Do you have a favorite place where you like to write?
Different writers have different preferences. Some like to write at home in complete silence; others prefer the hustle & bustle of a busy cafe. For some writers, any noise is a distraction; for others, a little “white noise” actually helps to minimize distraction.
Some writers have a home office set up where they have everything they need; others write on the go–on the train, at a bus stop, sitting on a park bench.
There’s no one single writing spot that is best for everyone…but that said, there are a few features that all good writing spots should have.
Here are the 5 most important elements in a writing place:
As a writer, you’re already acutely aware of how easy it is to get distracted when you’re trying to write.
So pick a writing spot with as little distraction as possible!
Keep in mind that different people have different distractions.
Some people (like me) get distracted when trying to write at home. It’s too easy to decide to check my emails, wash the dishes, or do a million other little chores around the house.
Other people get more distracted when they’re out in public. For them, it’s too hard to block out the noise and too easy to get sucked into conversation with nearby people.
So think for a minute about what distracts YOU most often…then make sure to choose a writing spot that helps you avoid that big distraction.
(Hint: if the Internet is a problem for you, check out an app called Freedom. It allows you to block internet access for a while, which can help minimize distraction when writing on a computer.)
Wherever you write, it should be a place that makes you feel inspired.
If you don’t feel inspired sitting on the couch, then try getting outside! Some writers like to get out in nature to write. Others prefer to write somewhere they can observe people.
Think about a place that gets your creative juices flowing…then find a way to write there.
#3: Comfort & Convenience
Writing a play requires you to spend hours and hours sitting on your butt typing.
So it stands to reason that you ought to find a place that is both convenient and comfortable.
If you write at home, invest in a decent desk and a comfy chair.
If you write at a cafe, find a favorite spot–near the fireplace?–and write there. Also, consider choosing a cafe that is either (1) close to home, or (2), on your way home from work.
#4: Noise Level
This ties in to #1, distraction. If you need a little white noise to concentrate, consider writing in public…or find some good instrumental music to play when you write. (Just remember, it should be background music; no lyrics.)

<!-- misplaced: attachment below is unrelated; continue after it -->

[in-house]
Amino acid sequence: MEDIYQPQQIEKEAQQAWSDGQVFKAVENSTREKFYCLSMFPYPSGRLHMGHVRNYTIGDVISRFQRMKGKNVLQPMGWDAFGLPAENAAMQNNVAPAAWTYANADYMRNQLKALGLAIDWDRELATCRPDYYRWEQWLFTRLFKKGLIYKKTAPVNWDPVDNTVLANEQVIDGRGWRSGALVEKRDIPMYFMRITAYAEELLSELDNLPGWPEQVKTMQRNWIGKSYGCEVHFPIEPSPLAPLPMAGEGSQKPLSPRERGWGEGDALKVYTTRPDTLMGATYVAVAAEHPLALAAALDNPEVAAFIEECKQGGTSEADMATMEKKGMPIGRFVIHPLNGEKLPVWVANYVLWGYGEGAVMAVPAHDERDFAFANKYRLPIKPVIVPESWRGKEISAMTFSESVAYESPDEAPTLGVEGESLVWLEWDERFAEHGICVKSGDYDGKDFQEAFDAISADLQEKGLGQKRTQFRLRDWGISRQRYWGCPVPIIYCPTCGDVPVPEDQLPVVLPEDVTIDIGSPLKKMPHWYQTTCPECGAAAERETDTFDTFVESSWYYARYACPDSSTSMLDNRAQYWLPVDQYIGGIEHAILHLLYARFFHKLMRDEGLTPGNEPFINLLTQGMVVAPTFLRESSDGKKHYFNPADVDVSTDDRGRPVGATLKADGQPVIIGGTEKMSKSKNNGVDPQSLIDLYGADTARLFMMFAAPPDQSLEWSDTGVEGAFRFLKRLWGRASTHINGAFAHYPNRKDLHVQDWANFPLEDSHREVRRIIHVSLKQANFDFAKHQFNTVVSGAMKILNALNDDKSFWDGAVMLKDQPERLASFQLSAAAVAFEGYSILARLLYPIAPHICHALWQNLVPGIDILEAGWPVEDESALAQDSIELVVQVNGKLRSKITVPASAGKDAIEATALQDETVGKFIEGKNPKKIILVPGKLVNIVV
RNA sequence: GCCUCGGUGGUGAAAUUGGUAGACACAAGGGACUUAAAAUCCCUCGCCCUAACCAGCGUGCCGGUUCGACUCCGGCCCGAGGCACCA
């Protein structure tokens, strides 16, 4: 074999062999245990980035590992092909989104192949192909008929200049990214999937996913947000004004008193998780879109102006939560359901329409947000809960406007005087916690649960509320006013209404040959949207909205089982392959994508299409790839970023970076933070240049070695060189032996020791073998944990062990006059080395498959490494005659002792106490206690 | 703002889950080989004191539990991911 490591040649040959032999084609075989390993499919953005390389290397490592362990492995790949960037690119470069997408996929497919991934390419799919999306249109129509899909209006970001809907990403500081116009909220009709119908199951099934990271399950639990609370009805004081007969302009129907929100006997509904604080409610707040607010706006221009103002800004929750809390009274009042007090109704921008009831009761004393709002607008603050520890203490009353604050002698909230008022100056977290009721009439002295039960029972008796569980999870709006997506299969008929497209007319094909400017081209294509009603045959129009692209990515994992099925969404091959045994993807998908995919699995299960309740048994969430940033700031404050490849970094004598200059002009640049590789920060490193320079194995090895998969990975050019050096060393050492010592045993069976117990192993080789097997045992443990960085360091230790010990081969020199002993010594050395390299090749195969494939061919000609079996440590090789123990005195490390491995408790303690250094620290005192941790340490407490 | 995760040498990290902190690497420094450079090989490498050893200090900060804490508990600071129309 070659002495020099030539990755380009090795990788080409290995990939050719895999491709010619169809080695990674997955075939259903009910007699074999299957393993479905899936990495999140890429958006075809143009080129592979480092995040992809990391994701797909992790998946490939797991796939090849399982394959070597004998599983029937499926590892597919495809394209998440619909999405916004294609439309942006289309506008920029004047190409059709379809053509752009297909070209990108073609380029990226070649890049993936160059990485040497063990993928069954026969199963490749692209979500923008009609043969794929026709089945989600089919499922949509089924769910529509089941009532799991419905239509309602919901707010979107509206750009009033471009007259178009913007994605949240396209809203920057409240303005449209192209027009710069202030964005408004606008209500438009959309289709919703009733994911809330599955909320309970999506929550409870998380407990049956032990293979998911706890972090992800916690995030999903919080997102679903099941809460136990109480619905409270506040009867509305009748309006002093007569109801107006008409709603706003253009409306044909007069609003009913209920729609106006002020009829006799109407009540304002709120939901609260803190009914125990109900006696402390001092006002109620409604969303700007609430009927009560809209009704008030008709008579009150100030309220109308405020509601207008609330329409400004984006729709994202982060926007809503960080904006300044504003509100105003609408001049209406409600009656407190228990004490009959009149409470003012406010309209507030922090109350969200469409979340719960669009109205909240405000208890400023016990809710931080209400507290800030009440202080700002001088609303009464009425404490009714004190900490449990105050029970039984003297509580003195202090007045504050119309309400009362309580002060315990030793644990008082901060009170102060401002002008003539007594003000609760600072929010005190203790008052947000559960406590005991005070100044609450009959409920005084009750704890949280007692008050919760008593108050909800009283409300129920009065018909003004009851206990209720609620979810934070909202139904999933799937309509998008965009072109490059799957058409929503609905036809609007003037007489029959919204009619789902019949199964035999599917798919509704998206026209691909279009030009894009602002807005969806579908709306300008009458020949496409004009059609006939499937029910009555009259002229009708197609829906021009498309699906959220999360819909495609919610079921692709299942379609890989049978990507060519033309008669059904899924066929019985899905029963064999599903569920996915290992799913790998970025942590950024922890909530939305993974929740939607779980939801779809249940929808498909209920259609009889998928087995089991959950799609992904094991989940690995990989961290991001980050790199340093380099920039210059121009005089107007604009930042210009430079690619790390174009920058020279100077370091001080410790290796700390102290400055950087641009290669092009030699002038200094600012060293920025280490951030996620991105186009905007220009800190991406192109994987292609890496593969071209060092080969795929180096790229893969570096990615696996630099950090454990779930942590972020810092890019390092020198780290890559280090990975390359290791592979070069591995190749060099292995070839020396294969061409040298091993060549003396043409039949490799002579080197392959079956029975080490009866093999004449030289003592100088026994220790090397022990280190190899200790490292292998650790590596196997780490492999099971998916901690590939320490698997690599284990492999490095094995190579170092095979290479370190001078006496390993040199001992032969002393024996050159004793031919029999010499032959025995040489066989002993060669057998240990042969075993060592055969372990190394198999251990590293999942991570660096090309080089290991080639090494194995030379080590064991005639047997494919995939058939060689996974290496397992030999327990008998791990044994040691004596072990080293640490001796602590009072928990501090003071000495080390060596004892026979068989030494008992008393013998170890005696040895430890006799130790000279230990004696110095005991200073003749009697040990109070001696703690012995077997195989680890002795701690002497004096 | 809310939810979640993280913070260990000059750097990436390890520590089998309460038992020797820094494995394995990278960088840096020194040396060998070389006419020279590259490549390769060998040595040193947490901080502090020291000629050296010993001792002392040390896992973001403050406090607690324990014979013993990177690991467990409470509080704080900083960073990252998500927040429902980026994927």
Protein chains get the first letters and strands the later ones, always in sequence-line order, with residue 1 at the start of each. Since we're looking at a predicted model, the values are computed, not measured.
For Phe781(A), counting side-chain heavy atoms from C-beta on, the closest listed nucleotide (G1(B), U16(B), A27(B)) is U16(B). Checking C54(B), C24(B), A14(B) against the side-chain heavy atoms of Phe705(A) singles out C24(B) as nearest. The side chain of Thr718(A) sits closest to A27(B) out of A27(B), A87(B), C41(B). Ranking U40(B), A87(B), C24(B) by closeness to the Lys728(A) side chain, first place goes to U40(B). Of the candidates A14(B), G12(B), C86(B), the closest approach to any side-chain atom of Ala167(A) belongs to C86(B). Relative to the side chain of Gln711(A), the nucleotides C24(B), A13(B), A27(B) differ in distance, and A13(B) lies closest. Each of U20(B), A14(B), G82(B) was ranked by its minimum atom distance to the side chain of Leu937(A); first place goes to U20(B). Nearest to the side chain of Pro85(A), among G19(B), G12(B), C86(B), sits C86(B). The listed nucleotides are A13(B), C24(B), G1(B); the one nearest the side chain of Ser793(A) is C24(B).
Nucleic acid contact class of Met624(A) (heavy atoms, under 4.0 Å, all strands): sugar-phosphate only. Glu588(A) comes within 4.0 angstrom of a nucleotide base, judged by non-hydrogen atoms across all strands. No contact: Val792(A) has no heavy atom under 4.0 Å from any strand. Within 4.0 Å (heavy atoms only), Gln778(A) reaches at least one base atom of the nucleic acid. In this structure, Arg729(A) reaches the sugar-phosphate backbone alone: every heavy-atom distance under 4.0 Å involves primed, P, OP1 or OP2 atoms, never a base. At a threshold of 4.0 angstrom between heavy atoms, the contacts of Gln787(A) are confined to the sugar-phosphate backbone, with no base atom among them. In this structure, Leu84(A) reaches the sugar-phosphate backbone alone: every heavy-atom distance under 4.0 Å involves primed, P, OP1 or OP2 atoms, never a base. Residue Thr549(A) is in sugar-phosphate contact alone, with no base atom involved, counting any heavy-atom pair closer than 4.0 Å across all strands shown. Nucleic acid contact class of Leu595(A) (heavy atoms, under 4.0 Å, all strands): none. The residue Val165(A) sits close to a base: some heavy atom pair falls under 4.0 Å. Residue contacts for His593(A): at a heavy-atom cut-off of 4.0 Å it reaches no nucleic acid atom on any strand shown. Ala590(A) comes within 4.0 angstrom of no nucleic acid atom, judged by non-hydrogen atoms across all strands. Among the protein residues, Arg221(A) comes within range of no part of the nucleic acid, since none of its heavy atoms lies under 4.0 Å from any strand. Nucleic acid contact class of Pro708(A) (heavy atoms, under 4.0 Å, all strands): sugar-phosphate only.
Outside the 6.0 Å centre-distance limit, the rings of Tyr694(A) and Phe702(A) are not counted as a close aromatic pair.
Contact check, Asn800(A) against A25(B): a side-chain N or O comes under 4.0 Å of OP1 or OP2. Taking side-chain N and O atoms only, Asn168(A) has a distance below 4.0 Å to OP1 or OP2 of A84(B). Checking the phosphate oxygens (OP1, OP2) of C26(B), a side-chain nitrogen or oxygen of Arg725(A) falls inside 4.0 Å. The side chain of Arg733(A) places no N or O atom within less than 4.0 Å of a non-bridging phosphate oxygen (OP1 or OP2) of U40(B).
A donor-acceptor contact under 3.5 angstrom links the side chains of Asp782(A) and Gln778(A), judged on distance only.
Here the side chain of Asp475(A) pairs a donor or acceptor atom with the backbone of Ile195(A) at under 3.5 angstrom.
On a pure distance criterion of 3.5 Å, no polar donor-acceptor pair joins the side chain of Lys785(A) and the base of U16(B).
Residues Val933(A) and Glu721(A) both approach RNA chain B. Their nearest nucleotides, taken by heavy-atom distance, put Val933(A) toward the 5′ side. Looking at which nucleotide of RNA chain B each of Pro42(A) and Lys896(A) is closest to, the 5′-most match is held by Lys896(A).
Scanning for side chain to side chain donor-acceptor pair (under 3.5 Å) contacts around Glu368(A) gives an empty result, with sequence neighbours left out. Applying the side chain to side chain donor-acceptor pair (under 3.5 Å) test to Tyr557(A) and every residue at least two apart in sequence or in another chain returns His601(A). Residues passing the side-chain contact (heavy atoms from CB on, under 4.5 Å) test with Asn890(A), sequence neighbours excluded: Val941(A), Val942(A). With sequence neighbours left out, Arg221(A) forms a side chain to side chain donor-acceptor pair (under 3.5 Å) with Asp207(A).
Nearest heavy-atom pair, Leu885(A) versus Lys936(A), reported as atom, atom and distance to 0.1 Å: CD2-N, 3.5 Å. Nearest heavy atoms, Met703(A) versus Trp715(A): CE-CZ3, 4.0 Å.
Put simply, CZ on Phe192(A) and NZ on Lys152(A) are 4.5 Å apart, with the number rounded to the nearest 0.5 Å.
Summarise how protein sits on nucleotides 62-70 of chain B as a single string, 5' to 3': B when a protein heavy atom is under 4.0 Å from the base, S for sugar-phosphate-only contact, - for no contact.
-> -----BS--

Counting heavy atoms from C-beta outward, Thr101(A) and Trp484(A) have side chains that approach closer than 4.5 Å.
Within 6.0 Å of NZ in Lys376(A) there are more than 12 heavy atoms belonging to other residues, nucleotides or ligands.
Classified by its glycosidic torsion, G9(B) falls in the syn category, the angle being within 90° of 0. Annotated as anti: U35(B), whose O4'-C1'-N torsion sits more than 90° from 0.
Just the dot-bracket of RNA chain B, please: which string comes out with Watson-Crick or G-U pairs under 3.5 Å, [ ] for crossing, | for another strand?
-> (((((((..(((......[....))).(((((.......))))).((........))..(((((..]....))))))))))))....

If you find noise to be a distraction, on the other hand, then you may prefer writing at home. Alternatively, you could invest in a good pair of noise-cancelling headphones. They can be pricey, but they do a fantastic job of cancelling out the noise around you so you can really focus on the words in front of you.
Finally, you need to write in a spot that is tech-friendly.
Sure, writing out in nature might inspire you…but what happens when your battery runs out?
(Or when it starts raining, for that matter?)
If you write with a laptop, you’ll probably need access to a power source. (It’s also really hard to see a laptop screen in the glare of the sun.)
Of course, you can minimize your reliance on power by choosing a lower-tech writing instrument…like pen and paper, or an old-fashioned typewriter, or a portable word processor (check out the AlphaSmart Neo 2 for a great writing tool with a battery life of over 700 hours).
OK, now that we’ve covered some of the most important factors to consider when choosing a writing spot, here is my favorite place to write a play:
* A balcony. Writing outside can be inspiring, but it’s not the most convenient place to write. But you can get the best of both worlds by finding a good porch or balcony to write on. That way you can look out at the trees while you type…but still have a roof over your head (if it’s a covered balcony) and access to a power outlet.
If you want more playwriting advice, tips, and hacks, make sure to check out the comprehensive PSH Playwriting Course.